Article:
Journalism department chairman publishes article on pandemic impact on news

Dr. Mia Moody-Ramirez, Director of the Department of Journalism, Public Relations and New Media, recently published a white paper that she co-authored titled “Covid-19, Free Speech, Hate Speech: Implications for Journalism Teaching” in Association for Education in Journalism and Mass Communication. Photo illustration by Sarah Pinkerton

By Emily Cousins ​​| Editor

Dr Mia Moody-Ramirez, Director of the Department of Journalism, Public Relations and New Media, recently published an white paper she co-wrote titled “Covid-19, freedom of expression, hate speech: implications for journalism education”In the Association for Education in Journalism and Mass Communication.

Moody-Ramirez said writing the article was her idea, inspired by the time she and her co-authors spent on a Twitter panel last year. She said they sponsored a Twitter chat, where they heard comments from others on free speech and hate speech in the context of journalism education during COVID-19.

Based on the response in the Twitter chat, Ramirez said they decided to write the article.

Ramirez said the COVID-19 pandemic is the first time social media platforms have worked together to stop the spread of disinformation. She said she was unsure if this would continue apart from the misinformation about COVID-19.

“It makes people nervous because when these news groups come together to take information, people worry if they think it might infringe on freedom of speech,” Ramirez said. “I think they were okay with that here because it was… it was something that could kill people.” We are facing the pandemic, but when you are dealing with day to day issues you become a little leery of the news outlets working together to suppress information.

Ramirez said they also discussed the new era of interviewing in journalism.

“As a journalism educator, I always told you that you should talk to people in person, that you shouldn’t use email, but all of a sudden we started telling students, ‘He didn’t There’s no harm in using email, ”Ramirez said. . “So that was a huge change.”

Ramirez said Zoom interviews will continue to be used after the pandemic because it’s a good way to reach people around the world.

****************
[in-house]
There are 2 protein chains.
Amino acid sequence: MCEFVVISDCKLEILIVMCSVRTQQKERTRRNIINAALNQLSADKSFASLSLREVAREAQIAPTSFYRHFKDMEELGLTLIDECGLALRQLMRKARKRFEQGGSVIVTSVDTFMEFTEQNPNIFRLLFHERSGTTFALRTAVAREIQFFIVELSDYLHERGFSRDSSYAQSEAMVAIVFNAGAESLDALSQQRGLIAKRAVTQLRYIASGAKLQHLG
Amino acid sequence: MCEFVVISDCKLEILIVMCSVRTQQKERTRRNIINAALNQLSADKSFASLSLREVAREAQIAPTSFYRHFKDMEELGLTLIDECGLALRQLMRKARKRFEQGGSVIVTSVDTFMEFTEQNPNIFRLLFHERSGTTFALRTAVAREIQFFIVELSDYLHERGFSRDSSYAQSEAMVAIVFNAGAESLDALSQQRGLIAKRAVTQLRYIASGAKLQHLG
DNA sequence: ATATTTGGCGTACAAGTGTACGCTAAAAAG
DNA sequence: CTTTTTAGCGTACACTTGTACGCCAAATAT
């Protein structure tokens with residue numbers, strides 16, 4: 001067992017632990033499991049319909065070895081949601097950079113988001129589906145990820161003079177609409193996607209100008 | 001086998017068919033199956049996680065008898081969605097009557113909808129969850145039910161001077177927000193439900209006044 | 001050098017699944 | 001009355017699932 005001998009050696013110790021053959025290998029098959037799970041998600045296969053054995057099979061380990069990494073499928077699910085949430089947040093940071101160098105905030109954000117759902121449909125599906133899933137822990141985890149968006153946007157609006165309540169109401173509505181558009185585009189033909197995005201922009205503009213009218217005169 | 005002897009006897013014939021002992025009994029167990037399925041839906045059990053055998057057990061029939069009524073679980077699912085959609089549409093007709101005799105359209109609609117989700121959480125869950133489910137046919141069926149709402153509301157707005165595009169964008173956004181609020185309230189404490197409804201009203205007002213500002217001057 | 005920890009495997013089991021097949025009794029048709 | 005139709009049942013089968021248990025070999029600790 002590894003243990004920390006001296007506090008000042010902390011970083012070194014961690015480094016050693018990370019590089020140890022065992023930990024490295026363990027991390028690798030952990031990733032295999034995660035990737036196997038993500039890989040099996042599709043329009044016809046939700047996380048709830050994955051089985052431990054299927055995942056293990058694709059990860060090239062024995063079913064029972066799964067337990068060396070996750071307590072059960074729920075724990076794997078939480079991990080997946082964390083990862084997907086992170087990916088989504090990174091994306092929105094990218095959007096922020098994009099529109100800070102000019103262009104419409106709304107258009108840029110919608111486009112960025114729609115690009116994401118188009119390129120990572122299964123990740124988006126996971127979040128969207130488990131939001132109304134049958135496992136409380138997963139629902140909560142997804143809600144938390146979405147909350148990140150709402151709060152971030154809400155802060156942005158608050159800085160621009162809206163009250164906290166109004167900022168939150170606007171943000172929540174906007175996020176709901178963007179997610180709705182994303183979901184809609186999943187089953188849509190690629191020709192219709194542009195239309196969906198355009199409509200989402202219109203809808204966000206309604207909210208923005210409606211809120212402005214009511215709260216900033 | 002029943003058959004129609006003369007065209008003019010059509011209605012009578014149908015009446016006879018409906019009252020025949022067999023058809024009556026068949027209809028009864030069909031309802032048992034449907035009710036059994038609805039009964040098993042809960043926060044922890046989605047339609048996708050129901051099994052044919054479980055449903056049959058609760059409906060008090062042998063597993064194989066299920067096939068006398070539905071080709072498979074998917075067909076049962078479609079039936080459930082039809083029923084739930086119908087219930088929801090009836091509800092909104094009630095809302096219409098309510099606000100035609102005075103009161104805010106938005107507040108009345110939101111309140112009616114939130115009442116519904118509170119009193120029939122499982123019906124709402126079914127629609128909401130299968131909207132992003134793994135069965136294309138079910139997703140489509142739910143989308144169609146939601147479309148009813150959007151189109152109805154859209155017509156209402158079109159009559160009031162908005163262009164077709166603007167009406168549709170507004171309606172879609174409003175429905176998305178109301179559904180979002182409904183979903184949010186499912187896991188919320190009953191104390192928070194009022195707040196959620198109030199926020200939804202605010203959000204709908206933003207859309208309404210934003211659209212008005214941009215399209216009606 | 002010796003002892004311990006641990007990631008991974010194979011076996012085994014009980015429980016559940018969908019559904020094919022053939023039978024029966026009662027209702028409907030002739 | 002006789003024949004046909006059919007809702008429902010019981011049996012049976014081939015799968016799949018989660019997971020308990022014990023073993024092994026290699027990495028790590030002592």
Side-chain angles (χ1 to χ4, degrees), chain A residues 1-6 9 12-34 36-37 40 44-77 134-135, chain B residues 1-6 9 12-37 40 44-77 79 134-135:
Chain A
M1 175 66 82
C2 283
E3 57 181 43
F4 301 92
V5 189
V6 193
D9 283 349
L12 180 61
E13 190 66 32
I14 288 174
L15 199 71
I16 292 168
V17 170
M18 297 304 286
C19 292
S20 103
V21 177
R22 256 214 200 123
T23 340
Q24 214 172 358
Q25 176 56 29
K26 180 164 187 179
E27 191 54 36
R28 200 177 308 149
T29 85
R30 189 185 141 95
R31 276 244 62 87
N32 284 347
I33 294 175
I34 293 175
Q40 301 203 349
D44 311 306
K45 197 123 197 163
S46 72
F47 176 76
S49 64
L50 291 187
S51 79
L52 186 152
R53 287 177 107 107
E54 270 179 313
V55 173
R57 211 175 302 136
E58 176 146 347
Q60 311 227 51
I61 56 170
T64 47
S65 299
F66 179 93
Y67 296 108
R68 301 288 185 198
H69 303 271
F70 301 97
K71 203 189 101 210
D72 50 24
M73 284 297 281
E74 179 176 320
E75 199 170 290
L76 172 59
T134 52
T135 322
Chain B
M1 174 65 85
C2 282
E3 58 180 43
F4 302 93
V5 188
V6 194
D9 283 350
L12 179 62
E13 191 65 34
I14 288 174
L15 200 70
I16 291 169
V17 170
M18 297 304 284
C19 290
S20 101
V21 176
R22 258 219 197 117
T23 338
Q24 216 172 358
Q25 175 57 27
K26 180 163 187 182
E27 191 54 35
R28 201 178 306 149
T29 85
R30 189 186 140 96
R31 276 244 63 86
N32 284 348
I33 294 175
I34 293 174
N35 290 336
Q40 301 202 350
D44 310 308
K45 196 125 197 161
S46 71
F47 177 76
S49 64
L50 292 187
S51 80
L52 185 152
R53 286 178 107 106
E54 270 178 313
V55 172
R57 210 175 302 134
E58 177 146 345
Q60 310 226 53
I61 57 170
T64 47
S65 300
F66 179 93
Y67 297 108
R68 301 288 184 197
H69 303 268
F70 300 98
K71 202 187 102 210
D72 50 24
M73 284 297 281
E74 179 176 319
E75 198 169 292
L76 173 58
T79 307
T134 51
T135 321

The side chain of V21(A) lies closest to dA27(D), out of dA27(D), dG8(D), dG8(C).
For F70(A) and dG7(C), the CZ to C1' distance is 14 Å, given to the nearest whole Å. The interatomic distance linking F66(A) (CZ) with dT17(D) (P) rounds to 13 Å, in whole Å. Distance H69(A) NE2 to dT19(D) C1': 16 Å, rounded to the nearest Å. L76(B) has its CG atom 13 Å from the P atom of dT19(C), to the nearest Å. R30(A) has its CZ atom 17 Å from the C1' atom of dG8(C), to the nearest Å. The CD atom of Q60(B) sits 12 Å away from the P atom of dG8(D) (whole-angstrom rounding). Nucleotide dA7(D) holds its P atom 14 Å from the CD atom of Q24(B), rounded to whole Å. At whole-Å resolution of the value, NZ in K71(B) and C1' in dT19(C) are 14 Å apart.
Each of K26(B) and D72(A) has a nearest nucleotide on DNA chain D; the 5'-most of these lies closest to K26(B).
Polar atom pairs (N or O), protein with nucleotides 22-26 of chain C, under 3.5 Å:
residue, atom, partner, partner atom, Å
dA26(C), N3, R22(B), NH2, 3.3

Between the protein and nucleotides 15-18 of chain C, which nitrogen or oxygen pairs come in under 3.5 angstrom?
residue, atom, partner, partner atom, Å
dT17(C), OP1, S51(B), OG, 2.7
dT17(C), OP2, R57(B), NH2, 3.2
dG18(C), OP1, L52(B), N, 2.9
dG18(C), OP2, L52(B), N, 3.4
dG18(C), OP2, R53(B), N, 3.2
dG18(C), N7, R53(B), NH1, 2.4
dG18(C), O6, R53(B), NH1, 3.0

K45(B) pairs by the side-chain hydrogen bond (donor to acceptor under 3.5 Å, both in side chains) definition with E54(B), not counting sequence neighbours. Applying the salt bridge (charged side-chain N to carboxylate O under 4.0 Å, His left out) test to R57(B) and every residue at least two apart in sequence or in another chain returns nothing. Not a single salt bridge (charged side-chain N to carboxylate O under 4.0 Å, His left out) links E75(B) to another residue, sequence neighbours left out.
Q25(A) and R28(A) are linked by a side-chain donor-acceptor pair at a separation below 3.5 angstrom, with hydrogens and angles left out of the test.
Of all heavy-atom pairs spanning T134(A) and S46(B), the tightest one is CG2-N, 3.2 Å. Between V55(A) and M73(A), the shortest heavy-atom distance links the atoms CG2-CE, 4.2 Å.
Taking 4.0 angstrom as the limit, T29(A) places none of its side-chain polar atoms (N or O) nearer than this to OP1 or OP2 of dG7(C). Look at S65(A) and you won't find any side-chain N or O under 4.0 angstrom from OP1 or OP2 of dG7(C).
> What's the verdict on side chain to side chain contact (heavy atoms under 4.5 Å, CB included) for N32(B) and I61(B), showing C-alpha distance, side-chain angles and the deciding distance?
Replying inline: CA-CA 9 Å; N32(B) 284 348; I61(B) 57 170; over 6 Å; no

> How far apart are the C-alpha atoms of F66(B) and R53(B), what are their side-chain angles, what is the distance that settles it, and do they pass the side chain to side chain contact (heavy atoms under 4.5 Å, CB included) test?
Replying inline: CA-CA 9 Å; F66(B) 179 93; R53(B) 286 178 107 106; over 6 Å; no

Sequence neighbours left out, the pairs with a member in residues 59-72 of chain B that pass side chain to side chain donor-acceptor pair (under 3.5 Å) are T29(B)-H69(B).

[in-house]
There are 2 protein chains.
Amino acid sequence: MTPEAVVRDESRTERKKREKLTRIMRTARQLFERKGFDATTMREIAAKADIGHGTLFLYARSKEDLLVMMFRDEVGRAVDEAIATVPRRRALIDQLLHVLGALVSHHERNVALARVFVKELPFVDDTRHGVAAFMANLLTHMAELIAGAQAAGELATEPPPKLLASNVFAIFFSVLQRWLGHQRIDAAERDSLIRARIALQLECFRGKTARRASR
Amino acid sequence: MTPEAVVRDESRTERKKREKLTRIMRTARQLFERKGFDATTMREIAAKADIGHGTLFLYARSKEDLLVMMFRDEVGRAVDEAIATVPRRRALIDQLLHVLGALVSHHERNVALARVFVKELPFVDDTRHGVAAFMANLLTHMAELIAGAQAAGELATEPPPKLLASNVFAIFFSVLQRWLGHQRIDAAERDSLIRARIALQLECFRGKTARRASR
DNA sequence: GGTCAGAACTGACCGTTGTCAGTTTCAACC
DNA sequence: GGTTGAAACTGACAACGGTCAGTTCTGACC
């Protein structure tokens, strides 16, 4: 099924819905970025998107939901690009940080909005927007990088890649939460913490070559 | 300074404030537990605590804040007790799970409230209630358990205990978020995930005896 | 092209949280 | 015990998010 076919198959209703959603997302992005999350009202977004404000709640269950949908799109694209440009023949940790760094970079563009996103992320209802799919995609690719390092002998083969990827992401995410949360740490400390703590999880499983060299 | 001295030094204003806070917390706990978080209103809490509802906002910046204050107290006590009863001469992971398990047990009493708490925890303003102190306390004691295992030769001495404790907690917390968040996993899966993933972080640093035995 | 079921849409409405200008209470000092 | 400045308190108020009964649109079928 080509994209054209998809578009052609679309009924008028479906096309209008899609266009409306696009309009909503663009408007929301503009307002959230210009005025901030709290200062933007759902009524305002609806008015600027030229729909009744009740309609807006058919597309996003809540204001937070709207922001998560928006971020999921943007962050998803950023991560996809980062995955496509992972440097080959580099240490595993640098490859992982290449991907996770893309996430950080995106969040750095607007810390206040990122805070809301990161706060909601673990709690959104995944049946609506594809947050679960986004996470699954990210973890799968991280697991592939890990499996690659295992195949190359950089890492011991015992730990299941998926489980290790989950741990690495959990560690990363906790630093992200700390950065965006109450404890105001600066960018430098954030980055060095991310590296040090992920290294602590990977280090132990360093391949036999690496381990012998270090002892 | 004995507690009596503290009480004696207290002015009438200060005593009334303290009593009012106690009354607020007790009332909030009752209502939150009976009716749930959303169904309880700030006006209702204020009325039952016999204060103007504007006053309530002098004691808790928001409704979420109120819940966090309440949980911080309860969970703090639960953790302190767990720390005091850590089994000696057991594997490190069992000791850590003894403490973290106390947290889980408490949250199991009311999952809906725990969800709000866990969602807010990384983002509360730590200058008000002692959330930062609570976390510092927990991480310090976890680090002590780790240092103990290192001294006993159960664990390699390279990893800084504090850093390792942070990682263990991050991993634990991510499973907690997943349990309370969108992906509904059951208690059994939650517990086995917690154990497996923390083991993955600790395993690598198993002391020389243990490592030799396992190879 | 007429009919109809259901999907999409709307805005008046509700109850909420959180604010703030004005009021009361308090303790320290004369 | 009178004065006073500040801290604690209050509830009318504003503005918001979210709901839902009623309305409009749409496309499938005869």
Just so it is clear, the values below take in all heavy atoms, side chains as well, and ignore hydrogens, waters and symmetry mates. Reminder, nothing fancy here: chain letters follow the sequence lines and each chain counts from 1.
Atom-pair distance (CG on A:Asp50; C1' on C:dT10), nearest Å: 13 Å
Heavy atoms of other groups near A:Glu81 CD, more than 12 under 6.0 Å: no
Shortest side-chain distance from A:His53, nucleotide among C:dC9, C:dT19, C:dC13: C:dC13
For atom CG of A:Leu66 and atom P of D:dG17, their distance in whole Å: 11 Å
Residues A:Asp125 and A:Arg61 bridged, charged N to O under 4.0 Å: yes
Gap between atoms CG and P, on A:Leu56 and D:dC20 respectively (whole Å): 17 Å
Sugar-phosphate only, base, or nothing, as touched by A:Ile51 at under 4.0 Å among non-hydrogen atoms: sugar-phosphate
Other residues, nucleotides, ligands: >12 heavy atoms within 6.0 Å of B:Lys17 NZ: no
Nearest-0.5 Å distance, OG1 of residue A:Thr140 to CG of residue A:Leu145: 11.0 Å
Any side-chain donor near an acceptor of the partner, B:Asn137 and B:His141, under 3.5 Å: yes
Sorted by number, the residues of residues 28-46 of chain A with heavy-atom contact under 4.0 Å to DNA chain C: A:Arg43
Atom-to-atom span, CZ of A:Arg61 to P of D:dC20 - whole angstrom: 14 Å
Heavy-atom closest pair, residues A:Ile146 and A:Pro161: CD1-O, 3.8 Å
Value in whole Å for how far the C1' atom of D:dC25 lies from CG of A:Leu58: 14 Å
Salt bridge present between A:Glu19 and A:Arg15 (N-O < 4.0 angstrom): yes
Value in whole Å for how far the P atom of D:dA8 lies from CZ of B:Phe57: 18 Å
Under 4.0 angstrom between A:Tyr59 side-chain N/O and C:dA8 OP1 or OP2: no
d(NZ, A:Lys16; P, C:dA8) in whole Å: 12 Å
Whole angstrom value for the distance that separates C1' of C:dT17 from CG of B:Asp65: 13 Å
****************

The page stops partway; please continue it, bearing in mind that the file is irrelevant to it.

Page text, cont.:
“It’s actually been beneficial so I think it’s something we’re definitely going to continue,” said Ramirez. “Many anchors were able to set up offices in their homes. So, and I’ve told a few of them about it and some say … even after the pandemic is over, they will probably continue to report from their homes because they see it’s not. only practical, but that does not really take away from the profession. So I think part of this will continue, but then there is a downside. People miss this human interaction. They miss going to the office and being surrounded by colleagues.

Anastasia Kononova, one of the co-authors of the white paper and an assistant professor in the advertising and public relations department at Michigan State University, said via email that the pandemic was difficult to report due to the ever-changing nature data as scientists learn. learn more about the new disease.

Kononova said she also discussed the inequality of deaths and rates of COVID-19 contraction in minority communities.

“When minority groups are disproportionately affected by a health crisis, it can tell us a lot about the structural inequalities and inequalities that are present in economic and health systems,” Kononova said. “Many populations in BIPOC are known to have lower socio-economic status than the dominant racial group. Lower socio-economic status means lower incomes and reduced access to education which could guarantee better jobs. These populations have also been strongly affected by unemployment which increased during the pandemic. In addition, many racially / ethnically minority groups have limited access to health care (availability or doctors, health insurance, quality care), are more likely to be abused due to racial prejudice, and have less confidence in the system. health due to a history of medical abuse. people of color.

Ramirez also said he discussed the huge social justice movement that followed George Floyd’s death. According to her, based on her research, people were very active on social media at the time, which contributed to the strength of the Black Lives Matter movement.

“People, they were sitting still,” Ramirez said. “We were able to focus on what was going on. We listened, watched the reports, we watched the news, we paid attention to social media. It made a huge difference. Normally we go on with our daily life but don’t pay as much attention to it. So I think it made a huge difference in that regard, and that’s why it sort of peaked at that point … I definitely attribute that to the pandemic and the people who are in the home and can just pay more attention to it.


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